More than 40 vendors, offering everything from haircuts to banking, from back massages to goat cheese, set up shop Saturday at the third annual Tahlequah Business Expo.
Hosted by the Tahlequah Area Chamber of Commerce’s Leadership Class 14, the event, held at the Northeastern State University Herb Rozell Ballroom, gave area residents a chance to browse through services and businesses, while chatting with friends and meeting new people.
Proceeds from the $2 admission tickets will help fund the leadership class’s key project, a community splash pad. Entertainment featured members of the First Baptist Church choir, accompanied by Holly Stocks.
Charles Deason, member of the Tahlequah Leadership 14 class and co-owner of Redmen Office Supply, said the group pledged to host the Expo annually until it reaches its fundraising goal for the project.
“This lets people in the community experience some of the local businesses all at one time,” Deason said. “You may not know they’re in town, and can see what they offer. I discovered A Bloom is more than flowers; it has furniture.”
Trena Payton, Arvest Bank employee and a member of Tahlequah Leadership Class 14, helped set up the silent auction.
“It brings the community out,” Payton said. “All the exhibitors bring a silent auction item, as well as a door prize for their booths.”
David Nagel and his son, Joseph, were among the first visitors.
“It’s a great way for the community to interact with the businesses and civic organizations in town,” said Nagle. “We’re new to the area; my wife took a position at NSU. This is a great event; it gives us an opportunity to see what’s here and learn about services, like recycling and health care options. I’m surprised there are so many vendors here.”
Scott Rosenthal, assistant vice president of physician services at Tahlequah City Hospital and CEO for NeoHealth, is coordinator for the Expo. He was pleased with the participation.
“There is a chance for great door prizes and silent auction items,” Rosenthal said. “And there are a lot of first-time exhibitors, too. Canyon Ridge Farms has goat cheeses, with so many flavors. My favorite is honey almond. RJ’s Salon is doing haircuts; you can get a chair massage, and you can get your cholesterol checked, all for the price of an admission ticket.”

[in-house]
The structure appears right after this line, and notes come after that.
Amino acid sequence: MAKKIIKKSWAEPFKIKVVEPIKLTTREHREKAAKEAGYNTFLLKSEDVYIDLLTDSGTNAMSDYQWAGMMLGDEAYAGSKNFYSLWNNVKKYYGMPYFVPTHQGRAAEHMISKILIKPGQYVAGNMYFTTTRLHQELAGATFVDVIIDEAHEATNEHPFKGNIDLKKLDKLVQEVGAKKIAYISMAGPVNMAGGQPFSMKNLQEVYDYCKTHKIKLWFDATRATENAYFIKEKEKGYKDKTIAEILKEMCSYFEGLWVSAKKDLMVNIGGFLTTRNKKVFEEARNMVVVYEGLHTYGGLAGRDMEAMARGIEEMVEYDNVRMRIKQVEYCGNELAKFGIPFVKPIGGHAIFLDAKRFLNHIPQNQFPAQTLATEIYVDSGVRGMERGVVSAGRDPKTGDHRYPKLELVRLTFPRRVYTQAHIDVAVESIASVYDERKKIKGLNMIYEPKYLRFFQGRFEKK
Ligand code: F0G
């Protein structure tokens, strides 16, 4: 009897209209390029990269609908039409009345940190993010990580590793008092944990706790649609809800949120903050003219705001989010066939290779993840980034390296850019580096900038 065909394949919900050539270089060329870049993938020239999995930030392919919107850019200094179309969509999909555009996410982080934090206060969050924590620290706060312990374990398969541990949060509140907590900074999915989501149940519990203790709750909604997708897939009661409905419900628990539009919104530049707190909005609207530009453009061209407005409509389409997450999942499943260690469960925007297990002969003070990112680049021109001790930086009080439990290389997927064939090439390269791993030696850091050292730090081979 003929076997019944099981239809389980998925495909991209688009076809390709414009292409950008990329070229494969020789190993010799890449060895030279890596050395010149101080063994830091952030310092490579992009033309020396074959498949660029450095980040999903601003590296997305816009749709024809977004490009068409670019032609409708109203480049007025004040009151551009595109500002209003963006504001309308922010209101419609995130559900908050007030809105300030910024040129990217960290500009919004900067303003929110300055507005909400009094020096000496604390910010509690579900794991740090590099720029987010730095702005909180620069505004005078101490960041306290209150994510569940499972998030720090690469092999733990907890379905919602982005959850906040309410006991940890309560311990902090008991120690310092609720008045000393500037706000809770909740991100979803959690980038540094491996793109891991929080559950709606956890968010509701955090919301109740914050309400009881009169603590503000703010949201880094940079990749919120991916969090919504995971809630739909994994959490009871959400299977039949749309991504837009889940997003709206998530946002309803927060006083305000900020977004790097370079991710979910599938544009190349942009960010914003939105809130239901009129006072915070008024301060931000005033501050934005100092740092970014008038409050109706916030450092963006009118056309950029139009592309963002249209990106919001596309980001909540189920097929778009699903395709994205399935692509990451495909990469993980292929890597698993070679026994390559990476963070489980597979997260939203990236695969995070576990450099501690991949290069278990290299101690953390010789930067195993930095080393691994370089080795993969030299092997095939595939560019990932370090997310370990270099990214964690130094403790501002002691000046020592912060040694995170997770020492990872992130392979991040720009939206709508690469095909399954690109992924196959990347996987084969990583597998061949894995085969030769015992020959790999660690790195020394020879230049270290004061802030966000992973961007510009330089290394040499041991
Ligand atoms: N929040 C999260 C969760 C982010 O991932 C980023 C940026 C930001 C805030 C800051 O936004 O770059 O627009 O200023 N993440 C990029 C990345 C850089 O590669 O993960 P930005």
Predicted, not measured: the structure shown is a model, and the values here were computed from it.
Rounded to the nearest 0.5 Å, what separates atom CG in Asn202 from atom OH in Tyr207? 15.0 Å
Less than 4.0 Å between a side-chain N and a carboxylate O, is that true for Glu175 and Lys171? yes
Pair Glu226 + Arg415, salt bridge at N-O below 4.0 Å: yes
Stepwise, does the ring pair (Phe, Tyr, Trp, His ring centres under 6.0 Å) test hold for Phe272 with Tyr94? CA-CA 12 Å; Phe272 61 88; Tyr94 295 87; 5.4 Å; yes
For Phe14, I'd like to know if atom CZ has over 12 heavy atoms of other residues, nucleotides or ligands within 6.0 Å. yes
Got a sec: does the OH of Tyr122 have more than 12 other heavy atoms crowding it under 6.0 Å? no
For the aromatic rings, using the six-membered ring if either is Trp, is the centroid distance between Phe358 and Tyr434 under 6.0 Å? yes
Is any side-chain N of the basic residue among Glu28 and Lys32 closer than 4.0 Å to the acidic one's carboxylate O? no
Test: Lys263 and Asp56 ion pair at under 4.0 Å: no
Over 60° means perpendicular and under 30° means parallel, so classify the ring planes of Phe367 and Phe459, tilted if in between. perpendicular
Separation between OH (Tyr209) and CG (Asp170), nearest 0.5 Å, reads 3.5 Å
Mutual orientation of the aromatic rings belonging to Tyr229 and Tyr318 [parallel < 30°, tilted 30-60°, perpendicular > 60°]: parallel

Rosenthal was impressed Mayor Jason Nichols took time out to man a booth, allowing local residents to ask him questions.
“How many mayors would do this? It speaks volumes about our community; we’re lucky to have him,” Rosenthal said.
The mayor visited with citizens of all ages and interests – including two children, Rozalyn and Claire Houston, while giving them plastic firefighter hats and pencils that change colors. Their mom, Jamie Corn, thinks the Business Expo is a great idea.
“I like seeing all the different businesses. The Farmers’ Market has goat cheese; it was wonderful,” Corn said.
Nichols said he believes it’s important to interact with the public whenever the opportunity arises.
“I talk about everything from this massive [city] code book to the process of renting the Armory [Municipal Center],” Nichols said. “We relish the chance to explain those things to the people.”
Mary Pat Rosenthal, with Carter Healthcare and Hospice, and Linda Cheatham, Habitat for Humanity executive director, were both looking for volunteers for their organizations.
“I work on the hospice side, with volunteers,” Rosenthal said. “An event like this is always good for small towns, for people to get out and find a business they didn’t know was here, and it’s good for vendors to get acquainted. It’s also a fundraiser, so it’s a win-win-win situation for everyone.”
She said a notable difference in this year’s event is the diversity of vendors.
At the Habitat for Humanity booth, Cheatham and volunteer Tonya Smith were visiting.
“It’s a good event; it lets the community know what projects we’re working on,” Cheatham said. “And it’s an opportunity to meet people and for them to sign up to volunteer, and advertise the Habitat Surplus Store. We take donations of household items and building supplies and resell them at a discount, and use the profits for building houses.”
Smith said it’s fun to volunteer.
“It gets me out of the house,” said Smith. “I meet people, learn new skills, and give back to the community.”
Tony Ward, marketing director for Go Ye Village, and Deena Hill, Go Ye Health Services administrator, were chatting with visitors.
“It’s good networking opportunity for all the businesses, as well as giving us a chance to explain the benefits we give to the community,” Ward said.
Hill found information useful in her work.
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